Conclusions

In conclusion, we explored that ferroptosis played a crucial role in RILF, and the ferroptosis inhibitor alleviated RILF via down-regulation of TGF-β1 by the activation of Nrf2 pathway. Ferroptosis inhibitor might be an effective therapy for RILF patients.

Abbreviations

GPX4: 

Glutathione peroxidase 4

H&E staining: 

Hematoxylin eosin staining

HO1: 

Hemeoxygenase-1

HYP: 

Hydroxyproline

IL-10: 

Interleukinn-10

IL-6: 

Interleukin-6

IR: 

Ionizing radiation

NQO1: 

Quinone oxidoreductase 1

Nrf2: 

Nuclear factor (erythroid-derived 2)-like 2

RILF: 

Radiation- induced lung fibrosis

ROS: 

Reactive oxygen species

TGF-β1: 

Transforming growth factor-β1

TNF-α: 

Necrosis factor–α

Declarations

Acknowledgements

We are grateful to Dr. Rong Li and Dr. Weiping Chen for generous help with the animals model.

Funding

This work was supported by the National Nature Science Foundation of China (grant number 81800079), and the Jinshan Health Planning Committee Fund (grant number JSKJ-KTQN-2017-01).

Authors’ contributions

TKQ, JH and XL conceived the project and designed the experiments. XL, LJD, SJY and XBZ performed and analyzed experiments. XL and LJD wrote the paper. All authors read and approved the manuscript. XL and LJD obtained funding.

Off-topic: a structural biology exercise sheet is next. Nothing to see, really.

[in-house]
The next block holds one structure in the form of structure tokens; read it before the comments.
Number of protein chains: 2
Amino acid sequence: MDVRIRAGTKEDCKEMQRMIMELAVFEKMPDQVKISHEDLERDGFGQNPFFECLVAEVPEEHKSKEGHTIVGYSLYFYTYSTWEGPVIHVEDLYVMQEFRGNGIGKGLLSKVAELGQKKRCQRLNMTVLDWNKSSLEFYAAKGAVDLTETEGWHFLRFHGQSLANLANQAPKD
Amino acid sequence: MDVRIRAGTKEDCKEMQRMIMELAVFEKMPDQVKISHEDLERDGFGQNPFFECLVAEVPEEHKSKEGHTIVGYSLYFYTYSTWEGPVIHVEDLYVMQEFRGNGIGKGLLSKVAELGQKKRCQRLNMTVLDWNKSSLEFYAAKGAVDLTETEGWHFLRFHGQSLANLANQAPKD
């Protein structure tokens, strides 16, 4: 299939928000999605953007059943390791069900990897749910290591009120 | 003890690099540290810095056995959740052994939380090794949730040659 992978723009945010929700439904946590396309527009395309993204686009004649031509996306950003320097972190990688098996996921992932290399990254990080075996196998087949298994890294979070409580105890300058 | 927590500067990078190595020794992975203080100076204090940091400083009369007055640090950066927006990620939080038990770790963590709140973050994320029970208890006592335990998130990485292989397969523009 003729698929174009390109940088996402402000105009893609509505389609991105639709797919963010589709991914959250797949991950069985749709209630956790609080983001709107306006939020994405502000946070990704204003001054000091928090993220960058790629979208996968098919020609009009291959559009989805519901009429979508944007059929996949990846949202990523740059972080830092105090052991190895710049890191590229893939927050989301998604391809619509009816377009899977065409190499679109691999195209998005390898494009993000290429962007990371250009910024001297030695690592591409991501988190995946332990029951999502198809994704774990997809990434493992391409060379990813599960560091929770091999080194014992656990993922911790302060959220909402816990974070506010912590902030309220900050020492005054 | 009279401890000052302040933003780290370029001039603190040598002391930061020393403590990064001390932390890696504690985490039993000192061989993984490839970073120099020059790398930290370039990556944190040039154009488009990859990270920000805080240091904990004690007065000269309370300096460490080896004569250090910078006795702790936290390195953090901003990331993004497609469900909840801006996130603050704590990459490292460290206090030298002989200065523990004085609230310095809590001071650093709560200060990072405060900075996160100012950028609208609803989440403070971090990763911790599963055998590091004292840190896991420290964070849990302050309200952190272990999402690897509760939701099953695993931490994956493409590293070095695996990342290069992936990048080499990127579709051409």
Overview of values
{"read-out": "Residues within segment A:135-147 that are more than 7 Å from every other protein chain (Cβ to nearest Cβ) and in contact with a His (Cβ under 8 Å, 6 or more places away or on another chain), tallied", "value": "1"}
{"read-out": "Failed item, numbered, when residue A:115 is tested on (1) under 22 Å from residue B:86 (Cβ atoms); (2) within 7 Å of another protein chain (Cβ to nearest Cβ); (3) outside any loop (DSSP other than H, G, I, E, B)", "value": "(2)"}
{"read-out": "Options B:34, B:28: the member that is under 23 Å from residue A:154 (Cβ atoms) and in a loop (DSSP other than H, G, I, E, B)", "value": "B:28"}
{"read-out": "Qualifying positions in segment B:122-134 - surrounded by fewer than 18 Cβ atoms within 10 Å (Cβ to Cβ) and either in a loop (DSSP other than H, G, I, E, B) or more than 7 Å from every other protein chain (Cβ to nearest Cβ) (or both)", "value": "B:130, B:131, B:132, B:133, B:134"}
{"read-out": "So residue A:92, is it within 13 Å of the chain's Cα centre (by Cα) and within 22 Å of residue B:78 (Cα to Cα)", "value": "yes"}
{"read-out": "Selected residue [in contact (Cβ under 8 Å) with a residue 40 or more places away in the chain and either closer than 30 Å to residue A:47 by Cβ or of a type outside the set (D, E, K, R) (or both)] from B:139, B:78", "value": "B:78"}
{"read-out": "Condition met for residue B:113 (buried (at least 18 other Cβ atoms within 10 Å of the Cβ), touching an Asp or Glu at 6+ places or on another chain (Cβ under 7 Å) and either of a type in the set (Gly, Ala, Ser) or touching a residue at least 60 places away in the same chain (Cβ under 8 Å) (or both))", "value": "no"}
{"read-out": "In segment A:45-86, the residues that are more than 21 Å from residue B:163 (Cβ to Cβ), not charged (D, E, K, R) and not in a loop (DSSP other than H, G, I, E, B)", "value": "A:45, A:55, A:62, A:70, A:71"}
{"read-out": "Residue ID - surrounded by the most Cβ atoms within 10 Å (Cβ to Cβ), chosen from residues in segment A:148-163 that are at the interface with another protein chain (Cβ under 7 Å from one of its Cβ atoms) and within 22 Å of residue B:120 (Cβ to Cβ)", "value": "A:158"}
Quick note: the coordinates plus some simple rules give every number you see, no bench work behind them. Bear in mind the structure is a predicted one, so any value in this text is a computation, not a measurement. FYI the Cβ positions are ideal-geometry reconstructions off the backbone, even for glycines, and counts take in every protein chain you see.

Ethics approval and consent to participate

All experimental procedures and protocols were approved by the Ethics Committee of Jinshan Hospital Affiliated to Fudan University (Jinshan Ethics-2018-05).

Consent for publication

Not applicable.

Competing interests

The authors declare that they have no competing interests.

Open AccessThis article is distributed under the terms of the Creative Commons Attribution 4.0 International License (http://creativecommons.org/licenses/by/4.0/), which permits unrestricted use, distribution, and reproduction in any medium, provided you give appropriate credit to the original author(s) and the source, provide a link to the Creative Commons license, and indicate if changes were made. The Creative Commons Public Domain Dedication waiver (http://creativecommons.org/publicdomain/zero/1.0/) applies to the data made available in this article, unless otherwise stated.

Authors’ Affiliations

(1)
Department of Radiation Oncology, Zhongshan Hospital, Fudan University, 180 Fenglin Road, Shanghai, 200032, China
(2)
Department of Radiation Oncology, Jinshan Hospital, Fudan University, 1508 Longhang Road, Shanghai, 201508, China
(3)
Department of Neurology, Jinshan Hospital, Fudan University, 1508 Longhang Road, Shanghai, 201508, China